Scalia: Judicial Activist

If you ever hear a conservative decry judicial activism yet offer praise for Antonin Scalia, please call them out on it.  It is hard to imagine a more egregious example of judicial activism than Scalia’s performance in oral arguments over the Voting Rights Act.  The idea behind judicial activism is that judges insert their views in the place of democratically-elected officials.  Sometimes, this is clearly appropriate (e.g., Brown v. Board of Ed), but there’s something to be said for the idea of deferring to the duly-elected representatives of the people unless you’ve got a very clear and compelling reason not to.  Then again, if you are Scalia, not so much.  The Post editorial sums it up nicely:

“It was clear to 98 senators, including every senator from a covered state, who decided that there was a continuing need for this piece of legislation,” Justice Elena Kagan said, in what might seem a self-evident point.

But not to Justice Scalia. “Or decided that perhaps they’d better not vote against, that there’s . . .none of their interests in voting against it,” he said. Later he elaborated on why he feels free to dismiss this particular congressional action: “I don’t think there is anything to be gained by any senator to vote against continuation of this act. . . . They are going to lose votes if they do not reenact the Voting Rights Act. Even the name of it is wonderful: the Voting Rights Act. Who is going to vote against that in the future?”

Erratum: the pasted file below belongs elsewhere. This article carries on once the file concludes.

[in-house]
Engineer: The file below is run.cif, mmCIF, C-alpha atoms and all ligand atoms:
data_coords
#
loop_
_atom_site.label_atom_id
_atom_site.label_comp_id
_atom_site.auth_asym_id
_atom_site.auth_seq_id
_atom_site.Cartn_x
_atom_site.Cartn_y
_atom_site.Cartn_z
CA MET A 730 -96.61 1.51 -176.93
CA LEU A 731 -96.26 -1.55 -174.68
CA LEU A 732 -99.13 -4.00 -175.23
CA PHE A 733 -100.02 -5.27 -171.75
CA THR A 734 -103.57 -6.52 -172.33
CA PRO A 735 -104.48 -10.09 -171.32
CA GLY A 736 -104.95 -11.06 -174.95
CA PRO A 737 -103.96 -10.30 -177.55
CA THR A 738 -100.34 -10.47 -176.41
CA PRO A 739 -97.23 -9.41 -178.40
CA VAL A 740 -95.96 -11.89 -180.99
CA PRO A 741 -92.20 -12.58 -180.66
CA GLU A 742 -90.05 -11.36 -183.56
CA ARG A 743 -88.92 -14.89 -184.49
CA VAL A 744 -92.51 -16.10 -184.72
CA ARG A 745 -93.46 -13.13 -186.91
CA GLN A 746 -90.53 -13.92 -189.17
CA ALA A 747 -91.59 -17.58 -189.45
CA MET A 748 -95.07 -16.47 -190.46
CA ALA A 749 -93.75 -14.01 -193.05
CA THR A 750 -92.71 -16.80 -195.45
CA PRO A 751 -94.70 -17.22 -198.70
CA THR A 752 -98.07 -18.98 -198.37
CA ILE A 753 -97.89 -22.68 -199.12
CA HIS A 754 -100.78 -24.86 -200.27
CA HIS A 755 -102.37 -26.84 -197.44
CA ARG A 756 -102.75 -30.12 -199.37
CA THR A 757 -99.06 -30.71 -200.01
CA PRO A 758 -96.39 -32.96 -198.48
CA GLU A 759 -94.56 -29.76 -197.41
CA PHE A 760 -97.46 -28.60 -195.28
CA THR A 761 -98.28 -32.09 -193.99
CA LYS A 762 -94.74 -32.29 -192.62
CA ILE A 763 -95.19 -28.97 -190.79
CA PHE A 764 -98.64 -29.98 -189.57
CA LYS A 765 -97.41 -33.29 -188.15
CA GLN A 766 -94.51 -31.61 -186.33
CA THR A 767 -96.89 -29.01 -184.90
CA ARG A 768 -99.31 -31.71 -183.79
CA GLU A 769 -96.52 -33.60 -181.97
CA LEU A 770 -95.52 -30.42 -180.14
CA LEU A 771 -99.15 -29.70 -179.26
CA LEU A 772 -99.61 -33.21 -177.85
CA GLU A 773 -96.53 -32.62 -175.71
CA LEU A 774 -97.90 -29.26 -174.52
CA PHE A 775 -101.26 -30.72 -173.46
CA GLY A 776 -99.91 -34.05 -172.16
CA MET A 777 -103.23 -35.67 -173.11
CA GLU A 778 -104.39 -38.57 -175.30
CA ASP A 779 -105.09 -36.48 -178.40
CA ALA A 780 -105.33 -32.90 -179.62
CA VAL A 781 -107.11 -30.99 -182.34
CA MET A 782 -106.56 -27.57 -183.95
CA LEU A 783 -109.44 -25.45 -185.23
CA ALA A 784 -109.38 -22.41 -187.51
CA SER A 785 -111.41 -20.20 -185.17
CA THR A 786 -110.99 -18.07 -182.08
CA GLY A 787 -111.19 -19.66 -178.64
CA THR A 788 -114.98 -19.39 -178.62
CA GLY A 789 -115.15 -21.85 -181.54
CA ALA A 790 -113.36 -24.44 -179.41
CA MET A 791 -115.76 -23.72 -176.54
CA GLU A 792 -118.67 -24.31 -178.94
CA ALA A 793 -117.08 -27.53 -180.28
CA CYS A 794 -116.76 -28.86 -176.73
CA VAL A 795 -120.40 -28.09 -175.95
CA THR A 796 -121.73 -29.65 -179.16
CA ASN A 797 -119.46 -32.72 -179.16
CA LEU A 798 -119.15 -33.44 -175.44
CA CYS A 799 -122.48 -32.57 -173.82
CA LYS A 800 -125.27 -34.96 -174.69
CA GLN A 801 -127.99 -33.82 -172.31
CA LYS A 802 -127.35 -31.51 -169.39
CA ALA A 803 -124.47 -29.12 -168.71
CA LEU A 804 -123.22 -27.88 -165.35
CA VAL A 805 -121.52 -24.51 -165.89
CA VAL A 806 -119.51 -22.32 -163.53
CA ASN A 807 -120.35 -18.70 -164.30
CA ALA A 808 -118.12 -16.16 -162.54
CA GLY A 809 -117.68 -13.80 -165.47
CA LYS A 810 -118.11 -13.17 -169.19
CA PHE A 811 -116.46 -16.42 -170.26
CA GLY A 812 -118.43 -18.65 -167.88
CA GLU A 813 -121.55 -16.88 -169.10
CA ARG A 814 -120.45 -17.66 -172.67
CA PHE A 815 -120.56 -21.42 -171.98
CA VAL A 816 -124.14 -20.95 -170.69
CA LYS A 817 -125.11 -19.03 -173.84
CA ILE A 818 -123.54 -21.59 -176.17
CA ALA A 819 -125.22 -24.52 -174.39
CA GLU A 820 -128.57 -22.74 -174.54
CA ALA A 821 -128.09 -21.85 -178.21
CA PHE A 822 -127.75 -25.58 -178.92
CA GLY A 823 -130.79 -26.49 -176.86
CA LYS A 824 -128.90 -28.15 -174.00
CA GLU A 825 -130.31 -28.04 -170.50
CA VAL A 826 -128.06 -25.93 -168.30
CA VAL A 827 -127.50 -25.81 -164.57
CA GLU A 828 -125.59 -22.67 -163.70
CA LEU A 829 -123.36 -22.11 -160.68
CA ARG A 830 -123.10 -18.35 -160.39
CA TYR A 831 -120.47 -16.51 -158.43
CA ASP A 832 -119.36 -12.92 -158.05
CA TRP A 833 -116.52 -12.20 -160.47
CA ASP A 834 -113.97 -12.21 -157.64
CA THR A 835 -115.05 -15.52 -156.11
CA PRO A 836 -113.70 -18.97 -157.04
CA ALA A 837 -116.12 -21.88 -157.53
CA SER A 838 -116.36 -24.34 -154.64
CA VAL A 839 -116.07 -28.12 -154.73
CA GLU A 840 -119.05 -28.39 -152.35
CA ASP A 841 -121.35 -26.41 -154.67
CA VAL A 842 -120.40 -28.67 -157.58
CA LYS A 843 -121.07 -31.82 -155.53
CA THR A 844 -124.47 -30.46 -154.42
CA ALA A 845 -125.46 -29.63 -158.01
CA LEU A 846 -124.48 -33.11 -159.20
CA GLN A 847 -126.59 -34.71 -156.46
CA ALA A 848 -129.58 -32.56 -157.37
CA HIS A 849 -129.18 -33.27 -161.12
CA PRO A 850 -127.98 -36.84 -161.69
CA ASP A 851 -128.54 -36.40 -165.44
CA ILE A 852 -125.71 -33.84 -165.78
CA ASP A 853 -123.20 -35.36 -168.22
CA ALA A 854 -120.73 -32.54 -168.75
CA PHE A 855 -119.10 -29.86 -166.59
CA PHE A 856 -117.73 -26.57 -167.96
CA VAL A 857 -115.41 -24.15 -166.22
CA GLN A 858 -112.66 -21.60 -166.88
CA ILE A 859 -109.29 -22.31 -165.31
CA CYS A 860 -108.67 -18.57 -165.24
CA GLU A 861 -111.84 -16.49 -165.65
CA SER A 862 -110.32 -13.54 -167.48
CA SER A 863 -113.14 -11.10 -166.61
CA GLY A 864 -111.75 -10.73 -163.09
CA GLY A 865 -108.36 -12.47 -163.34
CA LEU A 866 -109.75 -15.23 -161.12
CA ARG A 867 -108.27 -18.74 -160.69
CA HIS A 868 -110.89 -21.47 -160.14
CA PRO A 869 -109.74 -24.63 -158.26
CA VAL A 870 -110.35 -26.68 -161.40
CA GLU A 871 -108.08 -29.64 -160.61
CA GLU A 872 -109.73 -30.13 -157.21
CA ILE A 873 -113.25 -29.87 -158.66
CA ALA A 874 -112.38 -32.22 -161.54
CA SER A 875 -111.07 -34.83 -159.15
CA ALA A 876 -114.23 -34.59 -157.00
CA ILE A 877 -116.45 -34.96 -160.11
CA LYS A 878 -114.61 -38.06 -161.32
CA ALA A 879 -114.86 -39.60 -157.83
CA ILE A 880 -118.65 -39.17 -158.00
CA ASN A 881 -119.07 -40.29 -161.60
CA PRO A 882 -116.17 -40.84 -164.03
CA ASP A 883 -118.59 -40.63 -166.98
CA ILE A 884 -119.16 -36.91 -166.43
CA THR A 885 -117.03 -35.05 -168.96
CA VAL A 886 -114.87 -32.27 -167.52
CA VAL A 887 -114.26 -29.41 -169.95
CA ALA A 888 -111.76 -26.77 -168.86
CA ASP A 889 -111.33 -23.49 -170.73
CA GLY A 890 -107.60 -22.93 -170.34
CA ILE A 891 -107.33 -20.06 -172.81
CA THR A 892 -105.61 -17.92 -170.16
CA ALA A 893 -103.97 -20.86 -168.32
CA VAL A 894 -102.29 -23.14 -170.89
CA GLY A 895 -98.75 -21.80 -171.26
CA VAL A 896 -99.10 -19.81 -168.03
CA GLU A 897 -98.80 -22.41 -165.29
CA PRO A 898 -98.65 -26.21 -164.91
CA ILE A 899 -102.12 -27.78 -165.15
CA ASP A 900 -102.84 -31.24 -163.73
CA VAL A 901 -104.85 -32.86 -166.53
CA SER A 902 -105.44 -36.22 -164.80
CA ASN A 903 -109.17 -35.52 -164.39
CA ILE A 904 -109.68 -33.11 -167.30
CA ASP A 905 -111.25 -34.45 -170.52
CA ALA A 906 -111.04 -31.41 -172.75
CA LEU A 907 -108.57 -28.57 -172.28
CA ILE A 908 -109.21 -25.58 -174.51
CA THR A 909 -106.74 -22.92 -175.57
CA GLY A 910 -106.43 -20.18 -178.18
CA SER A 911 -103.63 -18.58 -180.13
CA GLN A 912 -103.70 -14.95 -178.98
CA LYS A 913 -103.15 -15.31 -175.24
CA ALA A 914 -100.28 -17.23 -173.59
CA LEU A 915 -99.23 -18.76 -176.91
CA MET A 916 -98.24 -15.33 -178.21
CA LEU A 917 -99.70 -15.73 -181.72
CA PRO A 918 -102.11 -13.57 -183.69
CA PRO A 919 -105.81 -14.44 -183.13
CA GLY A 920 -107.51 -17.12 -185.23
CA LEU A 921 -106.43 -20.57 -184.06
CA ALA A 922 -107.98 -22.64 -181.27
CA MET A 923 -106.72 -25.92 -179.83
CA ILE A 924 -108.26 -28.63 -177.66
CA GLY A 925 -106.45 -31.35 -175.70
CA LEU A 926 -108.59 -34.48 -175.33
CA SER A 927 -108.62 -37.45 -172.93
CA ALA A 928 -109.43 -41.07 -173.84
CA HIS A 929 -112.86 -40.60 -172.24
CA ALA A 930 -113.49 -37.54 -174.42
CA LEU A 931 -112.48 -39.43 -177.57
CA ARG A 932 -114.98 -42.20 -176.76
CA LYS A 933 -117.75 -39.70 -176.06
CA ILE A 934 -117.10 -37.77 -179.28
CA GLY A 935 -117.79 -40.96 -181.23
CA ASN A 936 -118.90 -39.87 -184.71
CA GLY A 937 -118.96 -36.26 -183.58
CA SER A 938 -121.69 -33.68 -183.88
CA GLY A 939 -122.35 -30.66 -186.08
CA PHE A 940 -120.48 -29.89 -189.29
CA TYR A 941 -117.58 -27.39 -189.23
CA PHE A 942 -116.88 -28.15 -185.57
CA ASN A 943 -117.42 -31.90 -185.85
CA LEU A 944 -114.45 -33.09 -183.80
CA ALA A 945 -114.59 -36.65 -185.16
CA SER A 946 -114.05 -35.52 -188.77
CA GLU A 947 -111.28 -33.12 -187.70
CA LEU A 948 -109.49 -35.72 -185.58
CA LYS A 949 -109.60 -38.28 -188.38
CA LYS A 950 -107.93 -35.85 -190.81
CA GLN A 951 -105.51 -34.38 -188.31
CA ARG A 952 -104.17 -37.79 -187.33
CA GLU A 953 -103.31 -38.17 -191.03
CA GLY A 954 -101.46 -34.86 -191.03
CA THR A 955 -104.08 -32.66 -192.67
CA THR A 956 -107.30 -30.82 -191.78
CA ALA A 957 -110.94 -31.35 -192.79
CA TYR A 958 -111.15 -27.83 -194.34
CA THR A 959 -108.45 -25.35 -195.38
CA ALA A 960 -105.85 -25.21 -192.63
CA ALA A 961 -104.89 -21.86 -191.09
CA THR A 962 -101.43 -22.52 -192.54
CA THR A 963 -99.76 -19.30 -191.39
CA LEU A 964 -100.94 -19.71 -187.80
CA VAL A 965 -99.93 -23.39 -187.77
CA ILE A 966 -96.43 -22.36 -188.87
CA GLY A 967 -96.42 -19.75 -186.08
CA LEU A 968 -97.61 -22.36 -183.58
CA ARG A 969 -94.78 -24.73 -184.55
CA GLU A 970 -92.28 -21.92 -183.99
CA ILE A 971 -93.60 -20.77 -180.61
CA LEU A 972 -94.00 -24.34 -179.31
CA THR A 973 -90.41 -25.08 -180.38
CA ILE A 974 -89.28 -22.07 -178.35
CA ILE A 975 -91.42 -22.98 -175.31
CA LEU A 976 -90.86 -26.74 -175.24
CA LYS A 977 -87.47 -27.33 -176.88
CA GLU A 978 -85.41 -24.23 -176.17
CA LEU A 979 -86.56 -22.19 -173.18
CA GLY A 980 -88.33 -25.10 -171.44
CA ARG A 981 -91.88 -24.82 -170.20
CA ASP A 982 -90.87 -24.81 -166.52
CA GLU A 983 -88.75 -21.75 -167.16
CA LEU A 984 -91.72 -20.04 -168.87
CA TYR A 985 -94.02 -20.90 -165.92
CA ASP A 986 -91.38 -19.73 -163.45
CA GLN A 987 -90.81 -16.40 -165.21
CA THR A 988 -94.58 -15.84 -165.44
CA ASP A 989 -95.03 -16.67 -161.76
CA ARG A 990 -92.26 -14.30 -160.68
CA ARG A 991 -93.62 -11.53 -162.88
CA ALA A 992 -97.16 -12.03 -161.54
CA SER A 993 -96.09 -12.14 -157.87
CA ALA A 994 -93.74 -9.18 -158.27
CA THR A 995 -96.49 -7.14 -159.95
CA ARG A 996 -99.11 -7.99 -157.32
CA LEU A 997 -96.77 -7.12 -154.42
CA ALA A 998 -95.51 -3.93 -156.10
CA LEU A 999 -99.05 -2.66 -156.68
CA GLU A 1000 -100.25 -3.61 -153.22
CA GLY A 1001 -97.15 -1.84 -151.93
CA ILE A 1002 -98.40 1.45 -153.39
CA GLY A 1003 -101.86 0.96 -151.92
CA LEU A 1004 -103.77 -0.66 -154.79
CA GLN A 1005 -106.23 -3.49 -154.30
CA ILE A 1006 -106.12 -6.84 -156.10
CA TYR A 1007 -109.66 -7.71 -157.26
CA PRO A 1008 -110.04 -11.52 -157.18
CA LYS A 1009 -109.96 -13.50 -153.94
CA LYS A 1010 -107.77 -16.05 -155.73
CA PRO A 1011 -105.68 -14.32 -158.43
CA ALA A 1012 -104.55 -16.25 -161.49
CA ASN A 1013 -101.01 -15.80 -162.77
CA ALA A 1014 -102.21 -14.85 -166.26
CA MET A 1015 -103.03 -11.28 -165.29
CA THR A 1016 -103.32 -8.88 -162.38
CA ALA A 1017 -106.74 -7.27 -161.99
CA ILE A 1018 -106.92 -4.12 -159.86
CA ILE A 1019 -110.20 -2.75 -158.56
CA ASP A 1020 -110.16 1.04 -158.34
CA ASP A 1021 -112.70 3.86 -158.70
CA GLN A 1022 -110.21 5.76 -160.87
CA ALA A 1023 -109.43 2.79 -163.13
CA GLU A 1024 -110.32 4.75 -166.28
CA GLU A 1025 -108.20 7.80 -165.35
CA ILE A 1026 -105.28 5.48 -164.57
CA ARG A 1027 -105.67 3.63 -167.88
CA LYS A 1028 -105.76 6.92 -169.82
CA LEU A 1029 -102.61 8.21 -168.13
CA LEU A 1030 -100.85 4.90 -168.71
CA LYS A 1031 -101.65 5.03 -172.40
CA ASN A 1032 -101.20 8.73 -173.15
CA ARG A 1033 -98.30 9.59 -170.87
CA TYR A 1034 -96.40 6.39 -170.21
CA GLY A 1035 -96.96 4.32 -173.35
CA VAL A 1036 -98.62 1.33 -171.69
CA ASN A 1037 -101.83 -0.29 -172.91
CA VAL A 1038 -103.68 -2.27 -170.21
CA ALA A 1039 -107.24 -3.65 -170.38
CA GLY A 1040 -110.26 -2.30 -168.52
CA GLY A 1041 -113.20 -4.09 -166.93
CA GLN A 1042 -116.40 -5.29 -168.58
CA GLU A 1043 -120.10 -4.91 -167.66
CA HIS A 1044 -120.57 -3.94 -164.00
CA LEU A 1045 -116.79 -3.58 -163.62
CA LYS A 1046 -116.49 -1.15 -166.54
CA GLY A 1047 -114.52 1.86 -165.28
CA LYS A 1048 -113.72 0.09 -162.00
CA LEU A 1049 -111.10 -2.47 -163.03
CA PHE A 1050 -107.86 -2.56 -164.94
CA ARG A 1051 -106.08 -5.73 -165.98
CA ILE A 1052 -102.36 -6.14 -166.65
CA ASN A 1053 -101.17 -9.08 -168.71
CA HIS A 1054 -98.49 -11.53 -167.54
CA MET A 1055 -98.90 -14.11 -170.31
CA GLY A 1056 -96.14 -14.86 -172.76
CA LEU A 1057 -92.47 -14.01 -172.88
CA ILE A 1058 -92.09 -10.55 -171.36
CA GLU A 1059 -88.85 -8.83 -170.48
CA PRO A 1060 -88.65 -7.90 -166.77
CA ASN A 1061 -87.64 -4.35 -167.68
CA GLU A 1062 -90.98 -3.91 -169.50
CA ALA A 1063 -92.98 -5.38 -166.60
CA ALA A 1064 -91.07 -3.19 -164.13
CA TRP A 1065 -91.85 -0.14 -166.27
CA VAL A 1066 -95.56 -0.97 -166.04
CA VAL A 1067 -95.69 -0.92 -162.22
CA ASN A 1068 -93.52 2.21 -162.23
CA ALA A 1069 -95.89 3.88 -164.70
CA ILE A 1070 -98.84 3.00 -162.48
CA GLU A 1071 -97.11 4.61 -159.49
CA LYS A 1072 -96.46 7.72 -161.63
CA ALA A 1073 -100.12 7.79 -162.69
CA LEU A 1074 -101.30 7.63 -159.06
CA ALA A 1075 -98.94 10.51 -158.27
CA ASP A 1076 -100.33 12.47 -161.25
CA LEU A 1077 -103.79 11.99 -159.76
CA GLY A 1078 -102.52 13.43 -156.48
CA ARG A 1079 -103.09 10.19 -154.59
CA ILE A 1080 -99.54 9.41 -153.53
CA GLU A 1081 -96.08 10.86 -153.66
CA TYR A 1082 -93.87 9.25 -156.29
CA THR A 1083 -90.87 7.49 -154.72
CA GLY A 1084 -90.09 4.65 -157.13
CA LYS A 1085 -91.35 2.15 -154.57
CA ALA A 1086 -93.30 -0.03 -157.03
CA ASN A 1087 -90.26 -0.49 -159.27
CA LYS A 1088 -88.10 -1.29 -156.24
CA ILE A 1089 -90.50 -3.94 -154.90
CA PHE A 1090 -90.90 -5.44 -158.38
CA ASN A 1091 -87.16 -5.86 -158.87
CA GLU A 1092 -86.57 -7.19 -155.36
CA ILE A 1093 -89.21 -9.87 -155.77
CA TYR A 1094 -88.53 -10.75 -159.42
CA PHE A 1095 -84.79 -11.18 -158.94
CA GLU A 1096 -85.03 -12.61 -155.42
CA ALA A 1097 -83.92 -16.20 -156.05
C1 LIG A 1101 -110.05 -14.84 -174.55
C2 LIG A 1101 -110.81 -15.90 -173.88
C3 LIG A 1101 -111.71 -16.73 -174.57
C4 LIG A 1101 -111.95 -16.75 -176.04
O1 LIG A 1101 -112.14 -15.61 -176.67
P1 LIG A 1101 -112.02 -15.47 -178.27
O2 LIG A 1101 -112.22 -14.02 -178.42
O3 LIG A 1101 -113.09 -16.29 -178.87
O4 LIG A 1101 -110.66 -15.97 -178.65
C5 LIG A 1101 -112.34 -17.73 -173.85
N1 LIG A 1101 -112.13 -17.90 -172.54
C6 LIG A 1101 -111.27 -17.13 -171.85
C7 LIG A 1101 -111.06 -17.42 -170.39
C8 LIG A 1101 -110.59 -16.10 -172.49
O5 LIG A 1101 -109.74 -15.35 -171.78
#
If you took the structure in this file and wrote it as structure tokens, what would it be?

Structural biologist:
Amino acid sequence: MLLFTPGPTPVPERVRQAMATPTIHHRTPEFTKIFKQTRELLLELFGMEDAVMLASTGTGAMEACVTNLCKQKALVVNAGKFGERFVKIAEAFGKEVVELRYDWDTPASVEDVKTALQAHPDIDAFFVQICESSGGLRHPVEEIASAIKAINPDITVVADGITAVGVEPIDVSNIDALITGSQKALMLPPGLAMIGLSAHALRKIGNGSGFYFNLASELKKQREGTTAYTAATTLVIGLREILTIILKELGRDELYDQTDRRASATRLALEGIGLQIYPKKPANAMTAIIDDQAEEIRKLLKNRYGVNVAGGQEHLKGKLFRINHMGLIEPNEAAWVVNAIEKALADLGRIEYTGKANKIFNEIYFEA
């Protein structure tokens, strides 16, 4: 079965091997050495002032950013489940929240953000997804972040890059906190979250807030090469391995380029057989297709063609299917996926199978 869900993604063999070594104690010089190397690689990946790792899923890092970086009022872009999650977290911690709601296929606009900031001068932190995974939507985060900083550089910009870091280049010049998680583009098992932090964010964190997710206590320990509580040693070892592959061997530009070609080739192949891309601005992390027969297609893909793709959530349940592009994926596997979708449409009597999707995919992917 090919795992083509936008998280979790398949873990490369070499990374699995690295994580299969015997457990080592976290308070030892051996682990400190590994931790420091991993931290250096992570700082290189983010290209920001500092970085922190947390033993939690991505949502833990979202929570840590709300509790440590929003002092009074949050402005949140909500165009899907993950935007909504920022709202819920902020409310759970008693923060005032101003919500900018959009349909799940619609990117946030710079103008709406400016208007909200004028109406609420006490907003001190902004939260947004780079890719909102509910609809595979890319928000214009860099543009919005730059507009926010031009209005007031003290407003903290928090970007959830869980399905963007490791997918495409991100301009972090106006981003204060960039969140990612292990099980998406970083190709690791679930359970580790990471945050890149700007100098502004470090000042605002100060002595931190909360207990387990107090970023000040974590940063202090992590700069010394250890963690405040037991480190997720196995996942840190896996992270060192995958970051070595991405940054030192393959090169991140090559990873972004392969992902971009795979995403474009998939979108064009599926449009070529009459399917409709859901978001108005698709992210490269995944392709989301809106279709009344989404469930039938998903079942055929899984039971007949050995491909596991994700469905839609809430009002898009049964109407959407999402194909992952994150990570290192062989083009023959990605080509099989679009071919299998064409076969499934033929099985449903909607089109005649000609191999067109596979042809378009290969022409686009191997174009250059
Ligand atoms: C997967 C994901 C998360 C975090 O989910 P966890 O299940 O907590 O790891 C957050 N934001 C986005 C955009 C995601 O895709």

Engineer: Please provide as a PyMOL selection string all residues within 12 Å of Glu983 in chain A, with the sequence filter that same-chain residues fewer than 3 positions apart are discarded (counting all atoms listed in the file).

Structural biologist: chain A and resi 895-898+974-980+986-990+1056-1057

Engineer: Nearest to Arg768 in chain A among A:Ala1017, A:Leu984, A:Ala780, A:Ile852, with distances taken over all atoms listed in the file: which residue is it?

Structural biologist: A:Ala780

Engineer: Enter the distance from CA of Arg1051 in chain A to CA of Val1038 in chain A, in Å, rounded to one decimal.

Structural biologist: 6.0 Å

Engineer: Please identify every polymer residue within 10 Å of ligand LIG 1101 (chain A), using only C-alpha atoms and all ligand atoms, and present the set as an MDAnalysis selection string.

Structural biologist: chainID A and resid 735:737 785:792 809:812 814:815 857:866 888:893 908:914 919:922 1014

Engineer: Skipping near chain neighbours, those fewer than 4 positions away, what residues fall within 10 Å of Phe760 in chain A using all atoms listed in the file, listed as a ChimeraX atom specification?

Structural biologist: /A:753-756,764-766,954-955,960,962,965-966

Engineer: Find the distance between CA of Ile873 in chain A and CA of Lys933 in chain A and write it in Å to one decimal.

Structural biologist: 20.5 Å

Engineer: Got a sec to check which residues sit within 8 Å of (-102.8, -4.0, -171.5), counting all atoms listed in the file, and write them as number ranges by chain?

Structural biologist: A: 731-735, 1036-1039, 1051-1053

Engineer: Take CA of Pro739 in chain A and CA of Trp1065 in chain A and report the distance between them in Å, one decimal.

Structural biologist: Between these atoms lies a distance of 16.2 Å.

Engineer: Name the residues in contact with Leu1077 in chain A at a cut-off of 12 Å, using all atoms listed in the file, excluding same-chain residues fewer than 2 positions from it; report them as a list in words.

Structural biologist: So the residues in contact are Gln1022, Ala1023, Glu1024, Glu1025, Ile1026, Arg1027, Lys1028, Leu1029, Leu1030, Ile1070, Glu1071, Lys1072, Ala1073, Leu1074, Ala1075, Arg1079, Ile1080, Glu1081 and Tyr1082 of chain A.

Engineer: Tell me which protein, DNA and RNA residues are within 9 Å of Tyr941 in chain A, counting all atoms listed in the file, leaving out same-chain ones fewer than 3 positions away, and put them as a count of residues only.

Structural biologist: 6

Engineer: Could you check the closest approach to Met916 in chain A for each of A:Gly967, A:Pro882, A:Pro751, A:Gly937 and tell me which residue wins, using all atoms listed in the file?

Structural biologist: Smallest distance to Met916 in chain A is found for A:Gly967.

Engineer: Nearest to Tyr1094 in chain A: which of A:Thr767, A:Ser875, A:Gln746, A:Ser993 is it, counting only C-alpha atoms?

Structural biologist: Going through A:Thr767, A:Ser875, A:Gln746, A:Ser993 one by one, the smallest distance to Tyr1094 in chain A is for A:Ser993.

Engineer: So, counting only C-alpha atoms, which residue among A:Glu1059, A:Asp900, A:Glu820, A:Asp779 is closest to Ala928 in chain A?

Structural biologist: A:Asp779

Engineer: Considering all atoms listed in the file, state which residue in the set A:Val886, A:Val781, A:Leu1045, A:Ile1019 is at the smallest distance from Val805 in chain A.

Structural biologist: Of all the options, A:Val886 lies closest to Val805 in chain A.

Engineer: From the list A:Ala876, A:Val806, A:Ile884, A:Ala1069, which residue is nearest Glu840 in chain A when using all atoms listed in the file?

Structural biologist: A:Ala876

This is a stunning line of argumentation. Congress is empowered to write legislation enforcing the Fourteenth and Fifteenth Amendments. But if Justice Scalia doubts the purity of lawmakers’ motives, then apparently this power is limited. We wonder how the justice is able to discern what lay within the hearts of these 98 senators. We also wonder how many challenged acts of Congress would survive if the court saw fit to strike down any that were enacted by lawmakers considering, in part, their reelection prospects.

Indeed.  Also note, how easily the Post eviscerated Scalia’s logic here.  I’ve just never understood this cult of Scalia the brilliant jurist.

Photo of the day

Very cool collection of photos from when the White House was completely gutted during a 1950 renovation (I had no idea).

Window openings provide bursts of light into the cavernous interior of the White House, supported only by a web of temporary steel supports. The exterior walls rest on new concrete underpinnings, which allow earth-moving equipment to dig a new basement. (National Archives)

Hard to believe that’s the White House.

On journalistic position taking